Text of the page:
To know more about the new features in general, the following links would be helpful:

Storage Emulator 1.8 also garbage collects the unreferenced page blob files which may be produced as a result of delete blob requests, failed copy blob requests etc.

Queue Service Enhancements:

In 2012-02-12 REST version, Windows Azure Storage cloud service introduced support for Queue shared access signatures (SAS). Storage Emulator 1.8 supports Queue SAS.

Table Service Enhancements:

In 2012-02-12 REST version, Windows Azure Storage cloud service introduced support for table shared access signatures (SAS). Storage Emulator 1.8 supports Table SAS.

In order to achieve full parity with Windows Azure Storage table service APIs, the table service in emulator is completely rewritten from scratch to support truly schema less tables and expose data for querying and updating using ODATA protocol. As a result, Storage Emulator 1.8 fully supports the below table operations which were not supported in Emulator 1.7.

  • Query Projection: You can read more about it here.
  • Upsert operations: You can read more about it here.

Known Issues/Limitations

  • The storage emulator supports only a single fixed account and a well-known authentication key. They are: Account name: devstoreaccount1, Account key: Eby8vdM02xNOcqFlqUwJPLlmEtlCDXJ1OUzFT50uSRZ6IFsuFq2UVErCz4I6tq/K1SZFPTOtr/KBHBeksoGMGw==
  • The URI scheme supported by the storage emulator differs from the URI scheme supported by the cloud storage services. The development URI scheme specifies the account name as part of the hierarchical path of the URI, rather than as part of the domain name. This difference is due to the fact that domain name resolution is available in the cloud but not on the local computer. For more information about URI differences in the development and production environments, see “Using storage service URIs” section in Overview of Running a Windows Azure Application with the Storage Emulator.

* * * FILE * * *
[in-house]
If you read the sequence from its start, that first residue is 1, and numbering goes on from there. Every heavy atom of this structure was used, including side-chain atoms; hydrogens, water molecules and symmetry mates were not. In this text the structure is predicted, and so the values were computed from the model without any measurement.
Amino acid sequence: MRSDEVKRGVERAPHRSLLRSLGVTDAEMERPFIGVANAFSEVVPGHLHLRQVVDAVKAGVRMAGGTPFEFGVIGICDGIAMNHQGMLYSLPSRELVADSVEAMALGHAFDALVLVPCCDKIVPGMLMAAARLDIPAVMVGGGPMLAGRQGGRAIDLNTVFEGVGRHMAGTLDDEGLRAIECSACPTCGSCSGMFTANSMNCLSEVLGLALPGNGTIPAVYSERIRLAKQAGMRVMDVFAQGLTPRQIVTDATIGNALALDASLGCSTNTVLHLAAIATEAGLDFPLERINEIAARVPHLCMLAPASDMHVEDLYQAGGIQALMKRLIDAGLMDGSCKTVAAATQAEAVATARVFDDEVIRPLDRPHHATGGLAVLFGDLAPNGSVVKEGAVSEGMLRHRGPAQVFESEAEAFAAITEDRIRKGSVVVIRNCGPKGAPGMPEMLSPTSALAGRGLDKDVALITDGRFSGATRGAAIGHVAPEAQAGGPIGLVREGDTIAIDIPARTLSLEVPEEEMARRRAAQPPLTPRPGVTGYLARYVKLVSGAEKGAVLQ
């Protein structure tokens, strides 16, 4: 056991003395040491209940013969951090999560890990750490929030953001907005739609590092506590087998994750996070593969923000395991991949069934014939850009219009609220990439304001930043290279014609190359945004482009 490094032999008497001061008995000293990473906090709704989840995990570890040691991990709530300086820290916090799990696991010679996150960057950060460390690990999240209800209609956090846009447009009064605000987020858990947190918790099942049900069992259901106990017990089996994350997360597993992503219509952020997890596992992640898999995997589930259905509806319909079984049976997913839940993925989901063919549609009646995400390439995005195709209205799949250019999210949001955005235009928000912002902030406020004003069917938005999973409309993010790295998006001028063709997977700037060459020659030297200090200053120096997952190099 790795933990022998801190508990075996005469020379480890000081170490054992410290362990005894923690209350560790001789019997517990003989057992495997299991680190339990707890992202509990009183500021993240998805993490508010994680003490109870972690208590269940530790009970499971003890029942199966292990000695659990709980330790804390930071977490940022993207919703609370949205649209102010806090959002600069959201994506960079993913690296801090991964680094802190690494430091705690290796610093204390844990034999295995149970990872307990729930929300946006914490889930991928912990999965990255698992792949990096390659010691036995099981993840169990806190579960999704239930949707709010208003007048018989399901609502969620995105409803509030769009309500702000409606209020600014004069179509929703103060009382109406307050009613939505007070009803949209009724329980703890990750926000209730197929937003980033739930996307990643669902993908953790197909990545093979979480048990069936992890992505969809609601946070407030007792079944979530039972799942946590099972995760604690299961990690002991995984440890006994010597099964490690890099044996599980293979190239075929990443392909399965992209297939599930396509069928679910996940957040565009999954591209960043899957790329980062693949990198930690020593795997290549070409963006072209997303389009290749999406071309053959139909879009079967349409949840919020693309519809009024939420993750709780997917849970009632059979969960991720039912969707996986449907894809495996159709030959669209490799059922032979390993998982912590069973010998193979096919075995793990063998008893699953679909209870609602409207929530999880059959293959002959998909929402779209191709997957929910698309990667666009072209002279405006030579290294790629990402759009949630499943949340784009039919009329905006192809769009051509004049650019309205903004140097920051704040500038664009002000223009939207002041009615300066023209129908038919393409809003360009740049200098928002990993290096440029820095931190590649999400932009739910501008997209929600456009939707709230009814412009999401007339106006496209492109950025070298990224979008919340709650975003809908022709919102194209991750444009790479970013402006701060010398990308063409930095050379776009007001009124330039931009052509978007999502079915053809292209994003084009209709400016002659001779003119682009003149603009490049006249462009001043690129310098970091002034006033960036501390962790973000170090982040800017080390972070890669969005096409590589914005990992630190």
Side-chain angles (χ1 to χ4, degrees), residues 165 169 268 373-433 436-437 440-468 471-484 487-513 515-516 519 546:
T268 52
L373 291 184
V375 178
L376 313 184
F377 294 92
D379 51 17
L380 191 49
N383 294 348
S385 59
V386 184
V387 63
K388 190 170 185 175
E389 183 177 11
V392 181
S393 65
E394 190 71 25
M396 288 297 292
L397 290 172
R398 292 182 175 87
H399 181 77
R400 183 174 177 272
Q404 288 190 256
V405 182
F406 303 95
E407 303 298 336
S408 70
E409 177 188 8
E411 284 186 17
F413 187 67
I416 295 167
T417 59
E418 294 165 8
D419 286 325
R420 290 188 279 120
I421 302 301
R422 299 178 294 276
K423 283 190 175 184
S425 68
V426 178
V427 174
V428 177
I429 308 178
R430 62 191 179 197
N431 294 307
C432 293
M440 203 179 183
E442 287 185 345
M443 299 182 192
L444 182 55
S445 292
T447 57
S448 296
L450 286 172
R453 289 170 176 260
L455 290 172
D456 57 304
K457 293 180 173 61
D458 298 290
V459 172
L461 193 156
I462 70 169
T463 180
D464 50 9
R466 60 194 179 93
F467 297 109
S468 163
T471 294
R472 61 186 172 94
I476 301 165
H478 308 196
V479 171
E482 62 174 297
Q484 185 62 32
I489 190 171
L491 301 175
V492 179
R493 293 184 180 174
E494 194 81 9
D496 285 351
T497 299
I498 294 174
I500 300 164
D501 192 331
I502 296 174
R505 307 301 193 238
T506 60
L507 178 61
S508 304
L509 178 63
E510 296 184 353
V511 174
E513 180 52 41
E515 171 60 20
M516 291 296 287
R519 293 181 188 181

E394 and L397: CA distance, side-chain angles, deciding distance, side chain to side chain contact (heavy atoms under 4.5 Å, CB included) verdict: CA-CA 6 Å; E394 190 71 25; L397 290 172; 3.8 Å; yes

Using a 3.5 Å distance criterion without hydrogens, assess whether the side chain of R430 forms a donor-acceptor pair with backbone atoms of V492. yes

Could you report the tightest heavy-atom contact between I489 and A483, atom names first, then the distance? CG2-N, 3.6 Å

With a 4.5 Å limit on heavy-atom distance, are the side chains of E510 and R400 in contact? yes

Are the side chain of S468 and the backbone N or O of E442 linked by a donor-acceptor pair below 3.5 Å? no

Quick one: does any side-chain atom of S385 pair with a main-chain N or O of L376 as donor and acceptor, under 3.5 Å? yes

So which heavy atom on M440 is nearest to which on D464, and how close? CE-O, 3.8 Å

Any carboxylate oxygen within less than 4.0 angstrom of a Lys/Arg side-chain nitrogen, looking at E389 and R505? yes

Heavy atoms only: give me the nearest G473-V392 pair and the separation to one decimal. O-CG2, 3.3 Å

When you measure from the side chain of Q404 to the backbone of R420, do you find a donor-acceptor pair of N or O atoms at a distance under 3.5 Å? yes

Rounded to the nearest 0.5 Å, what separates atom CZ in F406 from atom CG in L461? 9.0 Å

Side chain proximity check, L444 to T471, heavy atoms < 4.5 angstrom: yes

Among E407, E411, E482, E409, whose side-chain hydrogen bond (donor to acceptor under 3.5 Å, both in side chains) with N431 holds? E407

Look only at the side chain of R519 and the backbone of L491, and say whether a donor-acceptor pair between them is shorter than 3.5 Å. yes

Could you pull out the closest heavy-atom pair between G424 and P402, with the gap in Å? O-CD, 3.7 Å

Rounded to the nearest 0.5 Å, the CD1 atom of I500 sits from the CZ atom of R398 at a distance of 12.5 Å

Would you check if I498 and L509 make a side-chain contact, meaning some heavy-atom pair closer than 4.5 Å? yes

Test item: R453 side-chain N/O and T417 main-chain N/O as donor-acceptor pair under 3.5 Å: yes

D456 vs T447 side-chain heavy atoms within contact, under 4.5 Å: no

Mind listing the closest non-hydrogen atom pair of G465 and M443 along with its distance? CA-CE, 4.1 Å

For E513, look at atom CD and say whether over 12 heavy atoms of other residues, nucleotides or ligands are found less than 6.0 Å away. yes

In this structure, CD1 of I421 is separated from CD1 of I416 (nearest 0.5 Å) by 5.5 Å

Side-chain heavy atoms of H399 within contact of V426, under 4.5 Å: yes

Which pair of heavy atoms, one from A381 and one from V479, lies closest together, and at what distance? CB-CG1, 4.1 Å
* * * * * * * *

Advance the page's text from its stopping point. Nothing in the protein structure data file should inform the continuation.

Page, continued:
• The storage emulator does not support Set Blob Service Properties or SetServiceProperties for blob, queue and table services.
  • Date properties in the Table service in the storage emulator support only the range supported by SQL Server 2005 (For example, they are required to be later than January 1, 1753). All dates before January 1, 1753 are changed to this value. The precision of dates is limited to the precision of SQL Server 2005, meaning that dates are precise to 1/300th of a second.
  • The storage emulator supports partition key and row key property values of less than 900 bytes. The total size of the account name, table name, and key property names together cannot exceed 900 bytes.
  • The storage emulator does not validate that the size of a batch in an entity group transaction is less than 4 MB. Batches are limited to 4 MB in Windows Azure, so you must ensure that a batch does not exceed this size before transitioning to the Windows Azure storage services.
  • Avoid using ‘PartitionKey’ or ‘RowKey’ that contains ‘%’ character due to the double decoding bug
  • Get messages from queue might not return messages in the strict increasing order of message’s ‘Insertion TimeStamp’ + ‘visibilitytimeout’


Storage Emulator 1.8 has a great extent of parity with the Windows Azure Storage cloud service in terms of API support and usability and we will continue to improve it. We hope you all like it and please share your feedback with us to make it better.

Nagarjun Guraja

Windows Azure Storage

Comments (6)
  1. Manish says:

    This is extremely useful. Thank you !!!

  2. Jabe says:

    Congrats on your new release!

    After upgrading to 1.8, my app crashed while writing to the emulated table storage. I've tracked this down to _A TRAILING WHITESPACE_.

    Have a look at this simple LINQPad query:


    void Main()